Tips for Context and Various Levels
Practice times – The quality of your practice is more important than the amount of time. I’d rather my students practice well for 10 minutes a day, every day of the week rather than 2 hours of rushed practice only on Sundays. Consistency, quality, and daily practice is best. Remember, practicing is problem solving not just playing. Below I recommend some practice times but, seriously, who cares? Practice well as often as possible, that’s all you need to know. Don’t over-practice, focus on the topics your teacher recommends. This will help you improve faster and more efficiently. If you practice for hours and add tons of additional material you might not be accomplishing what your teacher recommended or in the proper steps they’ve ordered for you. Keep it short and focused and repeat the same routine later in the day if you want to practice more. Quality of practice is very important because if you practice poorly you will only solidify poor playing habits. Increase your practice times as you become more knowledgeable and able to keep the quality high. Trim your times to cater to quality.
Beginners – Keep your practice sessions short, enjoyable, and to the point. Don’t worry, just play everyday and play as well as you are able. The majority of your practice will be from a single method book that keeps you on track and provides all the material you need. Don’t worry too much about having a massive technique routine as method book pieces are generally little technique exercises in their own way. If you have a difficult time being motivated to pick up the instrument, start with something you enjoy first. Whatever encourages you to play. Enjoy yourself, that is the most important thing. If you want to do extra, go watch some professional players play and watch their posture, hand positions, and listen to their beautiful phrasing. 15-20 minutes is fine for absolute-beginners but raise it to 30 minutes or more if you want. Just make sure you are practicing well.
Late-Beginners – At this point you can start taking the technique routine a bit more seriously as you’ll want to secure a foundation of technique and start expanding your skill set. Accomplishing a smooth legato and musicality is important. 30 minutes or more would be great.
Early-Intermediates – Time to start organizing your technique routine to include all the techniques that will be required and needed to be maintained. If you have any issues that are left over from being a beginner, start dedicating time to fixing them. 40 minutes or more would be ideal but you can still get away with 30 minutes if need be.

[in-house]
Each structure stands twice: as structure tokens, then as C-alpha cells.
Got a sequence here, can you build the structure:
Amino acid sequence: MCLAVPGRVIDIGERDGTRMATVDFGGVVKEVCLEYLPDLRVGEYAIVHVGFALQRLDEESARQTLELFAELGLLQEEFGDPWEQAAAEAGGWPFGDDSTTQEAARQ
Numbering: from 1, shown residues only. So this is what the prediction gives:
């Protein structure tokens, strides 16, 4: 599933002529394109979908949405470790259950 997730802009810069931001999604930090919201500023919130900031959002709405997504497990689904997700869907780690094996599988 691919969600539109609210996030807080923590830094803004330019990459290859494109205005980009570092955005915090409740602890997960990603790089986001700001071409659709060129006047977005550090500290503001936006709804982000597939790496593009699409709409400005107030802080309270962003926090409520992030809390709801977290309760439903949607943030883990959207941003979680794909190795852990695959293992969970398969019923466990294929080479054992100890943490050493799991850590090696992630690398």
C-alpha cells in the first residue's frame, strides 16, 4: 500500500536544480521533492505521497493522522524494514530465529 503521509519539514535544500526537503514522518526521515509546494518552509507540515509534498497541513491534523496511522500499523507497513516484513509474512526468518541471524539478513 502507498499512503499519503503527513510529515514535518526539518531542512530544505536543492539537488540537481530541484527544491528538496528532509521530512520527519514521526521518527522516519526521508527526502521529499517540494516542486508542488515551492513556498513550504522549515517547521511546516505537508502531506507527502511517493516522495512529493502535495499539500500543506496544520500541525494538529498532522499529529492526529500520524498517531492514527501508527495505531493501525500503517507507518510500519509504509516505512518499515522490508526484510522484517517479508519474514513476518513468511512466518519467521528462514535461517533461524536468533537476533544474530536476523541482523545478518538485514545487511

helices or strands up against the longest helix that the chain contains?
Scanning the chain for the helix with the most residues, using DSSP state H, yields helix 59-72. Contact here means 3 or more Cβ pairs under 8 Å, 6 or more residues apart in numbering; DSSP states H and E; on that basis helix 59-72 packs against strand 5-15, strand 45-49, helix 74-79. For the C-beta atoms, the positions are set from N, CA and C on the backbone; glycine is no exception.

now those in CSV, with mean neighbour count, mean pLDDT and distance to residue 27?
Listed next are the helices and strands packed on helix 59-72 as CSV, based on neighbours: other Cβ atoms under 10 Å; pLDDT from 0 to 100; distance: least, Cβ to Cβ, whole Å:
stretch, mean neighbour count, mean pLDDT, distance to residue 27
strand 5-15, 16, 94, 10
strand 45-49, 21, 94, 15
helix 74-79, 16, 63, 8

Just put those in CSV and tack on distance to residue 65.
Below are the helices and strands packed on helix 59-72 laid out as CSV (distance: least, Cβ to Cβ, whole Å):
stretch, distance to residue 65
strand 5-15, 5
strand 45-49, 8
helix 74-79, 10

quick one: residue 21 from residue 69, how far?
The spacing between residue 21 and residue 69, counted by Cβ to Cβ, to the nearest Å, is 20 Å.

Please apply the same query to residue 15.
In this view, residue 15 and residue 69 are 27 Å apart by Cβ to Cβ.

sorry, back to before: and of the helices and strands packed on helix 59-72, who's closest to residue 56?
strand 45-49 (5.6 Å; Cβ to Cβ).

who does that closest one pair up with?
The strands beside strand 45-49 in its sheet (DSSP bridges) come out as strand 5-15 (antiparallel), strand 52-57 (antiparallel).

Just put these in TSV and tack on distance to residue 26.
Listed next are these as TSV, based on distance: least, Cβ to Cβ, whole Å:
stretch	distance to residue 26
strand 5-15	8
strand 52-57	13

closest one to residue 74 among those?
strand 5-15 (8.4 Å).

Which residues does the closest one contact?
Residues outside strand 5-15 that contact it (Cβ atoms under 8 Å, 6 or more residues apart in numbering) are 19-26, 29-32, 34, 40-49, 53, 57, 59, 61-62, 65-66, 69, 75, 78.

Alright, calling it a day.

Intermediates – Your technique routine should now be fully established and etudes will start becoming an increasing area to focus your skills and diversify your technique. Also, going through multiple method books and systematic studies of the entire fretboard will be important. The reading requirement is going to start getting serious so include some reading methods into your practice so you can devour material more quickly. Many students don’t progress past this point if their reading skills are weak as learning new pieces will be too time consuming and drain your concentration. 45 minutes to 1 hour is preferable but only if it’s quality practice.
Late-Intermediates – Time to get everything in order. Technique, reading, musicality, knowledge, and relaxation. Tension issues are likely to cause injury at this level. 60 minutes or more of practice is recommended. You may want to take a solid break after 30 minutes and then start again later to make sure your concentration and quality remains high. Taking a solid break may also help you avoid injury.
Early-Advanced – At this level you hopefully have figured out the practice session and found your groove. If not, review the last levels or find a teacher fast to make sure you haven’t formed any bad habits or skipped over anything. Keep learning new stuff all the time, if you can’t find it in classical guitar books go to jazz books, devour anything and everything. I remember buying new method books every week, classical, jazz, bluegrass, folk, rock, anything that would teach me something new. I wanted to know everything. You may wish to start going through entire opuses of etudes such as all of Carcassi Op.60, or Giuliani’s Op.1, Part 3 studies to see if any of them give your trouble. It’s a time to find weak points in your playing and resolve them. 1.5 to 2 hours or more is recommended and likely needed; take breaks!